We all know that there are negative effects of poor sleeping habits. A lack of sleep can make people feel irritable, unhappy and sluggish.
Recent research has found that inadequate sleep causes increased worries about future events, and now, researchers have learned that insufficient sleep is also linked to relationship problems.
Strife in a relationship strongly affects the level of satisfaction with the relationship. In a 2011 study, Dr. E.M. Woodin of the University of Victoria, British Columbia reviewed 64 studies about conflict in couples.
She recorded behaviors shown during arguments: withdrawal, hostility, problem solving, distress and intimacy. Dr. Woodin also found that both men and women expressed lower relationship satisfaction when their arguments featured hostility, distress and withdrawal.
Conversely, those who demonstrated problem solving and intimacy during arguments felt satisfied with their relationships.
Lack of Sleep: Gateway to Unsatisfying Relationships
Two researchers at UC Berkeley, Amie Gordon and Serena Chen, have published a new study finding that problem solving skills and feelings of intimacy go out the window after a bad night’s sleep.
While some degree of conflict between romantic partners is usual and expected, partners who haven’t slept well are more likely to have hostile arguments that are marked by mutual misunderstanding.
After a poor night of sleep, both conflict resolution skills and the ability to correctly assess one’s partner’s emotions are minimized.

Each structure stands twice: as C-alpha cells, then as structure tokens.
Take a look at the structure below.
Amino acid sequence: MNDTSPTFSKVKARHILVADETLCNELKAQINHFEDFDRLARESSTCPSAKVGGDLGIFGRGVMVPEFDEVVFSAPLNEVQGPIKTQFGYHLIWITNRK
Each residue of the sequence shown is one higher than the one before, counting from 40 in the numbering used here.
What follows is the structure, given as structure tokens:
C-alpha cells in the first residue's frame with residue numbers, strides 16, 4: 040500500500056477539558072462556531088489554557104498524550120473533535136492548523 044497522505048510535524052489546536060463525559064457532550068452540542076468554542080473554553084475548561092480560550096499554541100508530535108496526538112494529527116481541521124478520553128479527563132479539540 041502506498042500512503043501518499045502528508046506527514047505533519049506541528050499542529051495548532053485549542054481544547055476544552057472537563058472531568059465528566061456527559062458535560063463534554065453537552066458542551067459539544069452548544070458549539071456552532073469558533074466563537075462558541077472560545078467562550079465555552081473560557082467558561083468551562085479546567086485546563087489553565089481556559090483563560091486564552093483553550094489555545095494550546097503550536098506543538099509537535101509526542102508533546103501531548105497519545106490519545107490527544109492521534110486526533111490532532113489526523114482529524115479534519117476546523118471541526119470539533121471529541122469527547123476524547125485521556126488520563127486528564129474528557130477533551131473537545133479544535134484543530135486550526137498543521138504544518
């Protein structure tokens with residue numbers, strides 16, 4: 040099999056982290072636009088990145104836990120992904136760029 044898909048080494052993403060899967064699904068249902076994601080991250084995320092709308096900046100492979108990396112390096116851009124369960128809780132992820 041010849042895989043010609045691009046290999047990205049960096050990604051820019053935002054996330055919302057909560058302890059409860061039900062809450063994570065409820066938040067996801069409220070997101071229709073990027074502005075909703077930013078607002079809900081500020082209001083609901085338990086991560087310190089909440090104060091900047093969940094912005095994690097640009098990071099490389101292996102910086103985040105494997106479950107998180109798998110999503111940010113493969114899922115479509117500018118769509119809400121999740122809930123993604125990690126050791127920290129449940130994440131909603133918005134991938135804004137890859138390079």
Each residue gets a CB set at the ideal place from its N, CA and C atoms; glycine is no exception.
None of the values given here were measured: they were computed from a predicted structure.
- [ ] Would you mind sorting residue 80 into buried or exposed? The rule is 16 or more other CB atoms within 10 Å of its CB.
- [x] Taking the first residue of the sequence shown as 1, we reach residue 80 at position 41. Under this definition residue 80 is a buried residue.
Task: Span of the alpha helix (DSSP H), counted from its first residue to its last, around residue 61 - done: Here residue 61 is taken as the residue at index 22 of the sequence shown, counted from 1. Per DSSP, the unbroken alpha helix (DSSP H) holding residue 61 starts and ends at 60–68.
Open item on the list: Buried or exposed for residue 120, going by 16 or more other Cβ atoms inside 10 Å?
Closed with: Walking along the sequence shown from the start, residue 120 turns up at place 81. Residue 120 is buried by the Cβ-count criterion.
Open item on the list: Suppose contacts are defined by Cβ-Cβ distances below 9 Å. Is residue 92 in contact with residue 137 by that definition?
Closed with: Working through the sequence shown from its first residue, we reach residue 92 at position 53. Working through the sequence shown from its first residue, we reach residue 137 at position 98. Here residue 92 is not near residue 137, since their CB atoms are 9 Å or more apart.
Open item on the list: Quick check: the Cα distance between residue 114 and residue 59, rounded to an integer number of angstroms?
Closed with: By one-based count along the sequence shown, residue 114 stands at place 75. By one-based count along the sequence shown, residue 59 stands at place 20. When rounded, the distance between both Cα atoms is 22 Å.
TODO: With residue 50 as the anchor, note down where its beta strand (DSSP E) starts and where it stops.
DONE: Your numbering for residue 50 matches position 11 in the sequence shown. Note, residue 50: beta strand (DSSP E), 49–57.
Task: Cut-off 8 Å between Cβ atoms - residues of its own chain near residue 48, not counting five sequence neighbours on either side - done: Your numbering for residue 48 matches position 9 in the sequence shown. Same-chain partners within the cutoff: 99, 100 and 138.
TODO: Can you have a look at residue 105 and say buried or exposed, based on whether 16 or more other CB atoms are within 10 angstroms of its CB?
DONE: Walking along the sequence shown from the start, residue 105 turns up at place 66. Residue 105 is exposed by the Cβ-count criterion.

Drs. Gordon and Chen interviewed more than 100 couples who had romantic relationships. The participants self-reported their quality of sleep and the amount of discord they had with their partners. Generally, they described experiencing more arguments with their partners when they had not slept well during the previous night. Furthermore, they described feeling greater hostility toward their partners during arguments after they had experienced a poor night’s sleep.
Insomnia Damages Health and Relationships
The new findings concur with earlier studies. In 2011, the British Mental Health Foundation conducted a comprehensive study on the state of sleep in Britain. The report showed that people with insomnia were four times as likely as those without insomnia to have relationship problems. Moreover, they were three times as likely to show a lack of concentration, and three times as likely to feel depressed.
According to the report, insomnia tends to follow a vicious cycle, with decreased sleep leading to poor mental health, and poor mental health causing poor sleep sleep. Insomnia is a disorder which is psychophysiological in nature, meaning it results from a combination of physiology, behavior, emotions and thoughts.
Thus, a poor night’s sleep can result from a physical problem, such as a stomach ache, but can quickly develop into a psychological problem. For example, someone who has suffered a few sleepless nights can become so anxious about not sleeping that he or she cannot fall asleep! Chronic sleeplessness can result from the depression and anxiety caused by poor sleep.
Dr. Dan Rothbam, lead researcher of the report, notes that the discordant relationships caused by poor sleep are likely to have long standing effects. The ability to maintain healthy relationships is vital to a person’s happiness. Relationships that are marked by hostility and misunderstanding create a susceptibility to depression. Not surprisingly, more than 80% of the study’s respondents who had insomnia reported regularly experiencing a low mood.
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